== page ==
20 September 2018
Global reach, higher impact
Materials and Methods
Int J Med Sci 2018; 15(7):723-729. doi:10.7150/ijms.22713
Propofol attenuates osteoclastogenesis by lowering RANKL/OPG ratio in mouse osteoblasts
1. Department of Anesthesia and Pain Medicine, Biomedical Research Institute, Pusan National University Hospital, Busan, Republic of Korea
This is an open access article distributed under the terms of the Creative Commons Attribution (CC BY-NC) license (https://creativecommons.org/licenses/by-nc/4.0/). See http://ivyspring.com/terms for full terms and conditions.
How to cite this article:
Lee DW, Kwon JY, Kim HK, Lee HJ, Kim ES, Kim HJ, Kim HJ, Lee HB. Propofol attenuates osteoclastogenesis by lowering RANKL/OPG ratio in mouse osteoblasts. Int J Med Sci 2018; 15(7):723-729. doi:10.7150/ijms.22713. Available from http://www.medsci.org/v15p0723.htm
Bone remodeling plays an important role in the bone healing process; for example, following fracture. The relative ratio of the receptor activator of nuclear factor kappa B ligand (RANKL)/ osteoprotegerin (OPG) controls osteoclast differentiation, thereby playing a pivotal role in the regulation of bone remodeling. Propofol, a widely used anesthetic agent in orthopedic procedures, is considered to possess potential antioxidant properties owing to its structural similarity to α-tocopherol. Antioxidants are known to enhance bone healing. Accordingly, in the present study, we aimed to investigate osteoblastic differentiation and RANKL/OPG expression following propofol administration, in order to assess the potentially beneficial effects of this drug on the bone remodeling process, using calvarial primary osteoblasts from newborn mice. Calvarial pre-osteoblast cells were cultured in media containing clinically relevant concentrations of propofol, and cytotoxicity, effects on cell proliferation, osteogenic activity, and osteoclastogenesis were examined. The present findings indicated that propofol did not exert cytotoxic effects or alter cell proliferation in primary calvarial osteoblasts. Further, propofol did not affect osteoblast differentiation. The RANKL/OPG ratio was found to be decreased following propofol administration, and osteoclastogenesis was significantly reduced, indicating that propofol attenuated the osteoclastogenesis-supporting activity of osteoblasts. The results demonstrate that propofol, at clinically relevant concentrations, exerts beneficial effects on bone remodeling by attenuating osteoclastogenesis via suppression of the RANKL/OPG expression axis.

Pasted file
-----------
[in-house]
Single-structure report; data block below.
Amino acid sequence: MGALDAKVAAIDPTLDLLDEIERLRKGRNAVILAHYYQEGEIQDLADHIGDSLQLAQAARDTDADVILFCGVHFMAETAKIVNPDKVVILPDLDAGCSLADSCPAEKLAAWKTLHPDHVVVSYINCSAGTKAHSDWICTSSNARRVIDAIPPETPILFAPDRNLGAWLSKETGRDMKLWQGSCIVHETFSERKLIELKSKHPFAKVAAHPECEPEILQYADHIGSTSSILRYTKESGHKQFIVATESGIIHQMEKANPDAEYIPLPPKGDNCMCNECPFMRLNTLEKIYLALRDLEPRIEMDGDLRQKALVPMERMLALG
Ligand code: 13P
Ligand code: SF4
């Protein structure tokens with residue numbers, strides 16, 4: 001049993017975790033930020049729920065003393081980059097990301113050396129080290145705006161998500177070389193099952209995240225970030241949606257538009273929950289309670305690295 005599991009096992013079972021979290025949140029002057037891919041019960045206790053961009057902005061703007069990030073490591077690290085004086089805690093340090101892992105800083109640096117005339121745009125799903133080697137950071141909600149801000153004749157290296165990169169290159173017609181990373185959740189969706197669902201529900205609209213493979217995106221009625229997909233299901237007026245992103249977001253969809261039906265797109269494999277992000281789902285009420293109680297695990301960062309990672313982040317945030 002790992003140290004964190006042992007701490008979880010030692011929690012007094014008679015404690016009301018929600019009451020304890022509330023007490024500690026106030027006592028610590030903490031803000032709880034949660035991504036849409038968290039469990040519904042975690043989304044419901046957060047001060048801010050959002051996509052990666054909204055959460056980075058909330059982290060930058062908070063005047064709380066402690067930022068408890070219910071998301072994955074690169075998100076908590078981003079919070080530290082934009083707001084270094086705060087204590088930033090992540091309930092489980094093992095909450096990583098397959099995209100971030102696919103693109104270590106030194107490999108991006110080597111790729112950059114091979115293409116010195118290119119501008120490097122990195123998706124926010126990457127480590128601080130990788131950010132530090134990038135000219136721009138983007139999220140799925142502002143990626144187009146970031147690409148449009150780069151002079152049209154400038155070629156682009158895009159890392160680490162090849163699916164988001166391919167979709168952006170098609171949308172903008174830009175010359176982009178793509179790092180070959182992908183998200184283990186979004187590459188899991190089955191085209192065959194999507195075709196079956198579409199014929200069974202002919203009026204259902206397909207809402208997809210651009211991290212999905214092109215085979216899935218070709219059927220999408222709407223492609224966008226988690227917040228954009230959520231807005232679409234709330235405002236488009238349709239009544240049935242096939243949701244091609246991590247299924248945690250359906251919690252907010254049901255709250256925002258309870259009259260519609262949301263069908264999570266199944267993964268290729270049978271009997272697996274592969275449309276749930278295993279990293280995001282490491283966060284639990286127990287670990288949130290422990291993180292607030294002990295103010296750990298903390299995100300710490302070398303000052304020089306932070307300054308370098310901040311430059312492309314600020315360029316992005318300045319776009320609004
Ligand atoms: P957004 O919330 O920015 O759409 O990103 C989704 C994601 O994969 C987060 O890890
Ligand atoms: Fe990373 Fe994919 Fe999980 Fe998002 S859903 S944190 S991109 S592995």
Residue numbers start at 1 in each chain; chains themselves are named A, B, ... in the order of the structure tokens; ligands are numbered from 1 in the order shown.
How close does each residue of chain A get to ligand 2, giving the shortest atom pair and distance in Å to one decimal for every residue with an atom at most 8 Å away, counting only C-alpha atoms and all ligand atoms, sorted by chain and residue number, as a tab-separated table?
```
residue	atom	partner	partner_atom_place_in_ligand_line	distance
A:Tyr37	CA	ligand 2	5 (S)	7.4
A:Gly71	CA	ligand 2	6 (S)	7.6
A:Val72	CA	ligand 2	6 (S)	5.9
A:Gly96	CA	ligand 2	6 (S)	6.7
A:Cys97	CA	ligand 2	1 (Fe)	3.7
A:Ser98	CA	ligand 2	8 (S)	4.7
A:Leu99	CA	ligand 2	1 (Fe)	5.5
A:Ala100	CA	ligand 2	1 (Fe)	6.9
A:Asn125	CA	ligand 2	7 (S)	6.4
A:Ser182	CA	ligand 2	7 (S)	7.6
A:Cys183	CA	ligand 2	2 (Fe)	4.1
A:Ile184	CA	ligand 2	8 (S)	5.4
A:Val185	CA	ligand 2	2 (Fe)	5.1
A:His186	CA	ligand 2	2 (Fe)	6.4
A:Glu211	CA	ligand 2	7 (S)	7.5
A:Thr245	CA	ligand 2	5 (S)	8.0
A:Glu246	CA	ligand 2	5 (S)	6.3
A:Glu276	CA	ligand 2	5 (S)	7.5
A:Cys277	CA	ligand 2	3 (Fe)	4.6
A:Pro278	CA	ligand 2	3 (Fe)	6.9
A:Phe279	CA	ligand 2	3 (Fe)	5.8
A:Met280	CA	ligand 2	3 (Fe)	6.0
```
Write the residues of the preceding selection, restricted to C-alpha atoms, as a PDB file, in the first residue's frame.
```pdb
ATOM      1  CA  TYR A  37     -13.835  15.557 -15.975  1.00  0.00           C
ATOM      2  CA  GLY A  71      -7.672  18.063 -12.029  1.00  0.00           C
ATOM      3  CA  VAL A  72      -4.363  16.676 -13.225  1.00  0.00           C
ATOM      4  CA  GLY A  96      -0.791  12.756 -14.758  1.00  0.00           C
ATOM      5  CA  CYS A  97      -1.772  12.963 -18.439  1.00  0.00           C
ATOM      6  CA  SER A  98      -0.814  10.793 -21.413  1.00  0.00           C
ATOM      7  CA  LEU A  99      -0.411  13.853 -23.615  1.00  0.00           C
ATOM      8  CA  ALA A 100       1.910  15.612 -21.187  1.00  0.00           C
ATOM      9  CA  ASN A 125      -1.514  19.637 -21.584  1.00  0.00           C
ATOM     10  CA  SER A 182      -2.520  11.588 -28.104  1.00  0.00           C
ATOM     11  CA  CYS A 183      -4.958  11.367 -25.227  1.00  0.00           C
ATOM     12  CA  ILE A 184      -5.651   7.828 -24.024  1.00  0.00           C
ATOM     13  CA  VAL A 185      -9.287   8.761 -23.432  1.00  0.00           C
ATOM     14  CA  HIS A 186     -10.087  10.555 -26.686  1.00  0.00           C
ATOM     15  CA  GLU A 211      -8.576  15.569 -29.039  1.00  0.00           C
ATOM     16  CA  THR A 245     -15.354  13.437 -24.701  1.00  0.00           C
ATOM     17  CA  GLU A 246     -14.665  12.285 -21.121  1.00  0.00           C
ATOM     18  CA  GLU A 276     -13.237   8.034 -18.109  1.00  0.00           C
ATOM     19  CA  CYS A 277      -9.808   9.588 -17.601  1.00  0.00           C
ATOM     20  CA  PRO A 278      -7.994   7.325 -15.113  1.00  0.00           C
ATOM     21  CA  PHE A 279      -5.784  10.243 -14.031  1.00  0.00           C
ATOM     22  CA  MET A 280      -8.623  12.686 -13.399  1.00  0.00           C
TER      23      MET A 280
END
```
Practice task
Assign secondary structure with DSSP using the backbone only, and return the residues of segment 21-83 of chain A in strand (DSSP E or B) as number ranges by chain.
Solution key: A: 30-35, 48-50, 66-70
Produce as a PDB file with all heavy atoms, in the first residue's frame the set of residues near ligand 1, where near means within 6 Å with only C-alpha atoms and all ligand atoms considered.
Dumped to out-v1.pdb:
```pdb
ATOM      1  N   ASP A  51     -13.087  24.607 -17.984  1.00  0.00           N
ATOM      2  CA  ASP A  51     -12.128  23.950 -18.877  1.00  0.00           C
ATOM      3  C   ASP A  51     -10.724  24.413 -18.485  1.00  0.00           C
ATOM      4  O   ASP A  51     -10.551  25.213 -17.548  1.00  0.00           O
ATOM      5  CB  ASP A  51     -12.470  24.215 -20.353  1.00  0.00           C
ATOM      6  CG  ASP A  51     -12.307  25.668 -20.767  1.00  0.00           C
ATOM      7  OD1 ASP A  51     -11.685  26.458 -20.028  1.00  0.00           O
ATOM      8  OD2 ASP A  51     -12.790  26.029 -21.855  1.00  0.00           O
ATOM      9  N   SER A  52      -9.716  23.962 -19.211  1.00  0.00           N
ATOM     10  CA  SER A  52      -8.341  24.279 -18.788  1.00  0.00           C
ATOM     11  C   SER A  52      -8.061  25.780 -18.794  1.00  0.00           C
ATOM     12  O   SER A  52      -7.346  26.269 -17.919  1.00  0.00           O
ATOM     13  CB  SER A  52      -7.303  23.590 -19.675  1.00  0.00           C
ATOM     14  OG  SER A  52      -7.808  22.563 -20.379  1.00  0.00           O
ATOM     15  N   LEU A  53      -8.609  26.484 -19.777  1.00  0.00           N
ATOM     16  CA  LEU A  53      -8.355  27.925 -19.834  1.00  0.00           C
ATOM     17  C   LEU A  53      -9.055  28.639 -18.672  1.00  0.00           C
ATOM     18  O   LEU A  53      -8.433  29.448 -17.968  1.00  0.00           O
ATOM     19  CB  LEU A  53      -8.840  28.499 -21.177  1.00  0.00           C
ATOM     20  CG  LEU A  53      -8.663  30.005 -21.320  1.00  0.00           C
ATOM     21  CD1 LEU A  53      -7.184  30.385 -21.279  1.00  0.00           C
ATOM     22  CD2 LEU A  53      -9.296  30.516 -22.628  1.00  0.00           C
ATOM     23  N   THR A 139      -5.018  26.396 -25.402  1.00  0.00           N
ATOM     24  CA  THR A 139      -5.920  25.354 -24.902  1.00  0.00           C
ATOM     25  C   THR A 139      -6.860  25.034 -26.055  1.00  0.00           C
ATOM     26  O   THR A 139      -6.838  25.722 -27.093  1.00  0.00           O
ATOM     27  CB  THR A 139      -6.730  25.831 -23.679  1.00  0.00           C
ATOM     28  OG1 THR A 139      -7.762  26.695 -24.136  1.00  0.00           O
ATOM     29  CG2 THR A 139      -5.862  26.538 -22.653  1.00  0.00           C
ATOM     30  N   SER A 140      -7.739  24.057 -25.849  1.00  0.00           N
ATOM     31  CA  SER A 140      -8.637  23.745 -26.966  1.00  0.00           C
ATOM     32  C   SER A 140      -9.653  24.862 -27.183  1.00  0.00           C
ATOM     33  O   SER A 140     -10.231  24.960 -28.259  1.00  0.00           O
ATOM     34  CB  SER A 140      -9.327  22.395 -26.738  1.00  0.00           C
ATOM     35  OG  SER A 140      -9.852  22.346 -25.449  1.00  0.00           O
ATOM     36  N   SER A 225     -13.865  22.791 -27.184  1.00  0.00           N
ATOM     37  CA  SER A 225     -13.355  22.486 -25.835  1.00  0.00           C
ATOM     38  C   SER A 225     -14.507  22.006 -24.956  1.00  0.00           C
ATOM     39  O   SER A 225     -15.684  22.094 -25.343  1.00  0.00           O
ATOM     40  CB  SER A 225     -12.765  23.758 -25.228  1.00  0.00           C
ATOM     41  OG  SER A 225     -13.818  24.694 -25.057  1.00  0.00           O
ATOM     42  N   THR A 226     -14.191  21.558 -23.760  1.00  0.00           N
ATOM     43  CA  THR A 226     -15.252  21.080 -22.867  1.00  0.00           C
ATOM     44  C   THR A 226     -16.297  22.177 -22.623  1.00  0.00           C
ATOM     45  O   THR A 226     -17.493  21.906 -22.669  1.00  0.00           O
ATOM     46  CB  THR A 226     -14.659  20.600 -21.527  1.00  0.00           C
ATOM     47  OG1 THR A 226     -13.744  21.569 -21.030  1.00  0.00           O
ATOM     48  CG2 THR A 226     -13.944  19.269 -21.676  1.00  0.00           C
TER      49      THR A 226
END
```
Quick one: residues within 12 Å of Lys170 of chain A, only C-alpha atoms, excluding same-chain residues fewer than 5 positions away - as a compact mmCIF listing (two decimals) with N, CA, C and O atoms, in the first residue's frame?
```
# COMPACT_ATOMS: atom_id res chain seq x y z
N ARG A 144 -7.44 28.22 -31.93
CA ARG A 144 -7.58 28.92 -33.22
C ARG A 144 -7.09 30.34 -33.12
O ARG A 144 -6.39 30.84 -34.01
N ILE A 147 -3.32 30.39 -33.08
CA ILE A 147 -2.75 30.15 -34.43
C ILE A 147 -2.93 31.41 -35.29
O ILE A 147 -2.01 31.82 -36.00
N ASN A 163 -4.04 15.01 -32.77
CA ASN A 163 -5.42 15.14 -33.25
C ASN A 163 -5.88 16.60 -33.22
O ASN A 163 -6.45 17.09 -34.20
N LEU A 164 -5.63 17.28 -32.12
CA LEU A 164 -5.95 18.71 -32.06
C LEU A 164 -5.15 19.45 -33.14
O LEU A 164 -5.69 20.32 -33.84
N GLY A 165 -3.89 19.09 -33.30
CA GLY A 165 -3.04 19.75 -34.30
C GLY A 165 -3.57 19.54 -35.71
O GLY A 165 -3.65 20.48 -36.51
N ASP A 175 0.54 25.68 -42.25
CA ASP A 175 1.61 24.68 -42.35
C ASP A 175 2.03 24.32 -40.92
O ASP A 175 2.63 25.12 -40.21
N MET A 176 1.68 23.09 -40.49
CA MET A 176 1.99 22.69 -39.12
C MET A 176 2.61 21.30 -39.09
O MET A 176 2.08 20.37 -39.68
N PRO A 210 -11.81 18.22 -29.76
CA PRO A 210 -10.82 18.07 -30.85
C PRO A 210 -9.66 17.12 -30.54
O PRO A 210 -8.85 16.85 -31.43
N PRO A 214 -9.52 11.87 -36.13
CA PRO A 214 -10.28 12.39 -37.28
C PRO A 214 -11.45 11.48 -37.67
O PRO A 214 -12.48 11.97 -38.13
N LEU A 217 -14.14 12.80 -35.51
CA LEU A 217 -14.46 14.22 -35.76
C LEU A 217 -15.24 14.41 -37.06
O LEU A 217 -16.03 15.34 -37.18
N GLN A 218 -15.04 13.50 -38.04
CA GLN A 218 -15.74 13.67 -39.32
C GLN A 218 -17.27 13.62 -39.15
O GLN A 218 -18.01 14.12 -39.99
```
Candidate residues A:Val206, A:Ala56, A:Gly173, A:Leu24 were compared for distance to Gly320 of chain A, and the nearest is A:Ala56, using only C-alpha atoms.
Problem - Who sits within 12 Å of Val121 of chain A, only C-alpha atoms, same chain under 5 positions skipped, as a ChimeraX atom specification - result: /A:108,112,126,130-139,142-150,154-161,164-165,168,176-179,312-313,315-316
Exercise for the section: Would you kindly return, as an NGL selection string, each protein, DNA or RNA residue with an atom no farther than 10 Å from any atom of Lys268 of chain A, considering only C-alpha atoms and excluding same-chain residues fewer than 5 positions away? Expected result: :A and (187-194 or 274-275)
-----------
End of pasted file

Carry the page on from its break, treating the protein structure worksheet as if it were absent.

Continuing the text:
Keywords: Bone remodeling, Osteoblast, RANKL, OPG, Propofol
Bone homeostasis is maintained by a balance between bone remodeling, osteoblastic bone formation, and osteoclastic bone resorption [1-5]. In the context of the bone healing process, bone remodeling has been intensively studied and various cytokines, proteases, and morphogens have been reported to play important roles [6,7]. Among these bone biochemical markers, the receptor activator of nuclear factor kappa B ligand (RANKL), receptor activator of nuclear factor kappa B (RANK), and osteoprotegerin (OPG) molecular axis reflects the metabolic states of osteoblasts and osteoclasts [8,9].